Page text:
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Catch up on coronavirus stories and special reports, curated by Mike Allen everyday

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Illustration: Eniola Odetunde/Axios

Widespread contact tracing will be key to the next phase of our coronavirus response, but the U.S. is severely behind.

Why it matters: Contact tracing — tracking down the people who have interacted with a coronavirus patient, so they can quarantine — helps prevent the virus from spreading.

As with diagnostic testing, the U.S. missed its chance to do this before the coronavirus caseload got too high.

  • But once we begin to lift our social distancing measures, we’ll have to immediately implement these basic public health measures to avoid the caseload from immediately ramping back up.

Where it stands: Neither the federal government nor most state and local governments have a plan to drastically increase contact tracing.

  • A recent report by Johns Hopkins’ Center for Health Security estimated that the public health workforce would need to add about 100,000 new workers to do contact tracing.
  • We also don’t have the diagnostic testing capacity that experts say we’d need to safety phase into normal life.

What they’re saying: Centers for Disease Control and Prevention director Robert Redfield told NPR last week that the agency is working on a plan to ramp up contact tracing.

  • "We have over 600 people in the field right now from CDC in all the states trying to help with this response, but we are going to have to substantially amplify that," he added.

Yes, but: Some states and communities are trying to get ahead of the curve.

  • Massachusetts, for example, is working to deploy nearly 1,000 contact tracers.
  • Apple and Google last week announced a joint effort to notify people via smartphone — on a voluntary basis — if they've come into contact with someone with the coronavirus, Axios’ Ina Fried reports.

The bottom line: "Failing to invest in and train more workers for contact tracing now could extend this crisis months," said Chris Meekins, a former Trump administration health official who is now an analyst at Raymond James.

Go deeper:

Go deeper

31 mins ago - Health

Biden administration to lift travel ban for fully vaccinated international travelers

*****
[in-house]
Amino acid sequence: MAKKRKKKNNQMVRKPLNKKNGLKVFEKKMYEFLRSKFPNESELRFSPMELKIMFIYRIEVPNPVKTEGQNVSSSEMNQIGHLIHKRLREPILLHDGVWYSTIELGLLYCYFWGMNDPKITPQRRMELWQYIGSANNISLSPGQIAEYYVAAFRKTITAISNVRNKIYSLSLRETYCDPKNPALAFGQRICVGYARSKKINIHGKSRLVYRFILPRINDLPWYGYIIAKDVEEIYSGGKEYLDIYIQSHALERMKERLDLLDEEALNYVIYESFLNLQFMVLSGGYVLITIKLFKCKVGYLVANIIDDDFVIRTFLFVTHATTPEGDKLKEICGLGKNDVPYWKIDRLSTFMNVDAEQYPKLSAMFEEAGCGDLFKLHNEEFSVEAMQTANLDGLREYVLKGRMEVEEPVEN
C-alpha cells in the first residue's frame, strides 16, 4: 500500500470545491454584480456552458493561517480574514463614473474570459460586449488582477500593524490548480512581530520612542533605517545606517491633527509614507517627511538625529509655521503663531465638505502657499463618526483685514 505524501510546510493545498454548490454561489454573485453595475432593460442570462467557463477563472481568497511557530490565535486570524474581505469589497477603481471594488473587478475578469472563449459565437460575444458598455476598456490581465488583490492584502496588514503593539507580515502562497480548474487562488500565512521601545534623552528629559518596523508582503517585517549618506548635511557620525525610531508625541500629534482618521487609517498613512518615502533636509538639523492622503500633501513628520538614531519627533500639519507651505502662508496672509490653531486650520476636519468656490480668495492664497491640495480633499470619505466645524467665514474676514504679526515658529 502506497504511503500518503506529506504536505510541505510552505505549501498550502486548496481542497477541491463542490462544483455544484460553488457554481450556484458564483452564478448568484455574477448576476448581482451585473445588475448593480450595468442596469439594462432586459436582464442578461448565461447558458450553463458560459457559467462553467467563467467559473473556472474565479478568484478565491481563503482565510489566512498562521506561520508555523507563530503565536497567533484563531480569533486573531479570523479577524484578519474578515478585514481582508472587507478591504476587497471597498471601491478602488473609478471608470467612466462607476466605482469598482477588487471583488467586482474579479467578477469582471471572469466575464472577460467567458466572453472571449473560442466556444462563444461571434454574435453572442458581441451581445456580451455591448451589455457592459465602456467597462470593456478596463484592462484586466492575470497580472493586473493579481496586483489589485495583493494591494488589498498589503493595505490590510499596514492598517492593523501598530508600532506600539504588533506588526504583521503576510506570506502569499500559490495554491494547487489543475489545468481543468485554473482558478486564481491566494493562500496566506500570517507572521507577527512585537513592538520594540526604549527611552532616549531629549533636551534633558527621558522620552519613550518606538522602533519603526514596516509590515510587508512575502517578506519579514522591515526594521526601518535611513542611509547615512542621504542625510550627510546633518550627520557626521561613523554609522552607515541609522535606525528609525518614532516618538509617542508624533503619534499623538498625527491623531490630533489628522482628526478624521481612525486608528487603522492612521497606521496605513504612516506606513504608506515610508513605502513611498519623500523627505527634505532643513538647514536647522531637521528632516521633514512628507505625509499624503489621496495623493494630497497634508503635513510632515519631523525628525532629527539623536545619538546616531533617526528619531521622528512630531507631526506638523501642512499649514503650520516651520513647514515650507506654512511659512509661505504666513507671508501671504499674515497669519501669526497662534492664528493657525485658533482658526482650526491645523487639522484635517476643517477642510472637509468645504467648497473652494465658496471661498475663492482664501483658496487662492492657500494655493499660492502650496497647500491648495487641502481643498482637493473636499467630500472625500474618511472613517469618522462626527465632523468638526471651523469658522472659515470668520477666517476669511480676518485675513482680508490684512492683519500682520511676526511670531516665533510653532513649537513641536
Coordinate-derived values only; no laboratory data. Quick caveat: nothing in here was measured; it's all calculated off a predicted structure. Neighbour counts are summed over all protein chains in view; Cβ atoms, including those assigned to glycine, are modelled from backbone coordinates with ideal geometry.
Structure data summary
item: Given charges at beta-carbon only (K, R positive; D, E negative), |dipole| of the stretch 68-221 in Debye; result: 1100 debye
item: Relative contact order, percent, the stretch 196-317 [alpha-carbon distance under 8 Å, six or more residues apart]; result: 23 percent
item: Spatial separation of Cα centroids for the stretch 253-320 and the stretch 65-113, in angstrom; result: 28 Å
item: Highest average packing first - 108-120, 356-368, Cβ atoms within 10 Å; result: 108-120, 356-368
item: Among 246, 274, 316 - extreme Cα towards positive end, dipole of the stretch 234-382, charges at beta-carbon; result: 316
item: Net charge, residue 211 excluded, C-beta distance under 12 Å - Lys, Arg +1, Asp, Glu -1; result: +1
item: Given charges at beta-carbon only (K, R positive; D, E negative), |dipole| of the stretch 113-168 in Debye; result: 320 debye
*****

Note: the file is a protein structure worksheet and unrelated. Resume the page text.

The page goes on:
Photo: Win McNamee/Getty Images

White House COVID-19 response coordinator Jeff Zients announced on Monday that the Biden administration will allow fully vaccinated travelers from around the world to enter the U.S. beginning in November.

Why it matters: The move marks the end of the ban on most European visitors put in place under former President Trump in March 2020.

Dan Primack, author of Pro Rata
46 mins ago - Economy & Business

Gen Z breaks into VC

Illustration: Aïda Amer/Axios

When Meagan Loyst joined VC firm Lerer Hippeau, less than two years out of Boston College, she was still living with her parents. She had virtually no online brand presence, and the pandemic made it impossible to build a professional network via in-person meetings.

Why it matters: Loyst wasn't alone. Venture firms have accelerated hiring in line with record deal activity, often seeking younger investors who can spot trends that fly below the radar (or intrinsic understanding) of older partners.

White House aims to protect workers from extreme heat

Two pear pickers in Hood River, Oregon on August 13, 2021. (Michael Hanson/AFP via Getty Images)

The White House announced a slew of actions Monday, including the start of a rule-making process at the Occupational Safety and Health Administration (OSHA), to protect American workers from extreme heat.

Driving the news: The U.S. just had its hottest summer on record, with triple-digit-temperatures killing hundreds in the Pacific Northwest and exposing outdoor workers to dangerous conditions.

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